A decision handed down yesterday, September 30, 2014 by the United States District Court Central District of California in Mull v. Motion Picture Industry Health Plan, LA CV 12-06693-VBF.
The following analysis come to us from Professor Roger Baron:
Yesterday the U.S. District Court for California, Central Division (Los Angeles) entered its ruling that the Motion Picture Industry ERISA plan’s reimbursement provisions are enforceable because they are contained only in the plan’s Summary Plan Description (SPD) and not in a Plan Document. This situation which developed here was especially burdensome for the ERISA beneficiary and her family. The ERISA plan had paid $148,000 of medical bills and then demanded the victim turn over her entire tort recovery of $100,000, plus interest. When the victim refused, the ERISA plan quit providing health coverage for the victim and her entire family of four. Yesterday’s ruling declared that the reimbursement provision is unenforceable because it was contained in the plan’s SPD and not in a “plan document” as required by Cigna v. AMARA. This opinion rejects arguments that the SPD is also the plan and that it is somehow or another incorporated into the plan. Relevant language from the opinion is set forth below:
As explained in greater detail below, the Court will grant these three plaintiffs’ motion for summary judgment on the ground that the reimbursement / recoupment provision which the Plan has enforced, is contained only in the Summary Plan Description (“SPD”) and not in any document which constitutes “the plan.” The determination that the provision is not legally enforceable also necessarily defeats the defendants’ motion for summary judgment.
Following Amara and Ninth Circuit cases applying it, the Court agrees with the plaintiffs that the Summary Plan Description here does not constitute part of the ERISA Plan itself.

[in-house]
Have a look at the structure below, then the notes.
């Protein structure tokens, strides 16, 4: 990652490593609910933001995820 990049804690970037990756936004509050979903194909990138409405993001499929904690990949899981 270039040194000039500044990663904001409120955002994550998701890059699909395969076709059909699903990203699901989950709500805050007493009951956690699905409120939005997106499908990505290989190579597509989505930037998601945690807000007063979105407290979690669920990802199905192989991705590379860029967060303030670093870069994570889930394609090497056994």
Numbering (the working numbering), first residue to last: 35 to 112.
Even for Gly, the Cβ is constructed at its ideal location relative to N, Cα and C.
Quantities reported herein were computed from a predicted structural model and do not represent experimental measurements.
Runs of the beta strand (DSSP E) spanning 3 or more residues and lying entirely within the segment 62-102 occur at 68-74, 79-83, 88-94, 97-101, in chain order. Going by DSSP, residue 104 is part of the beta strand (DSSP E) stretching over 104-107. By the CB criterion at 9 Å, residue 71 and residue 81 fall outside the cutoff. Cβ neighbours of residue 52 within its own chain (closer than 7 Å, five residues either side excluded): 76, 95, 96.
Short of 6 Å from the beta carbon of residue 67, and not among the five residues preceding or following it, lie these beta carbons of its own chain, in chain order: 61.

Defendants now argue that the SPD is part of the formal plan document because there is a single entry at page 124 of the SPD indicating that, “[T]his book constitutes both the Plan document and the Summary Plan Description for the Motion Picture Industry Health Plan.” Doc 56 (P’s MSJ) at 28 (citing Ex 1, page 132) … The Court agrees with plaintiffs that “this self-serving statement cannot overcome the controlling provisions of ERISA” and that the SPD here cannot constitute a formal plan document because it lacks three of the four features which 29 U.S.C. § 1102(b) requires of such documents.
As always, we thank Professor Baron for his insight.
This Decision brings to light the importance of procuring the actual Plan Document that was in effect on the date of the beneficiary’s accident. When attempting to resolve such ERISA claims, it is imperative that counsel does not rely solely upon the language contained within the Summary Plan Description.
Precision Resolution provides its clients with a Plan Document Request letter. Once the beneficiary executes the Plan Document Request Letter it can be send directly to the Plan or the Plan Administrator requesting release of the appropriate Plan Documents.
If you are in need of Precision’s Plan Document Request Letter please contact us at 888-961-LIEN.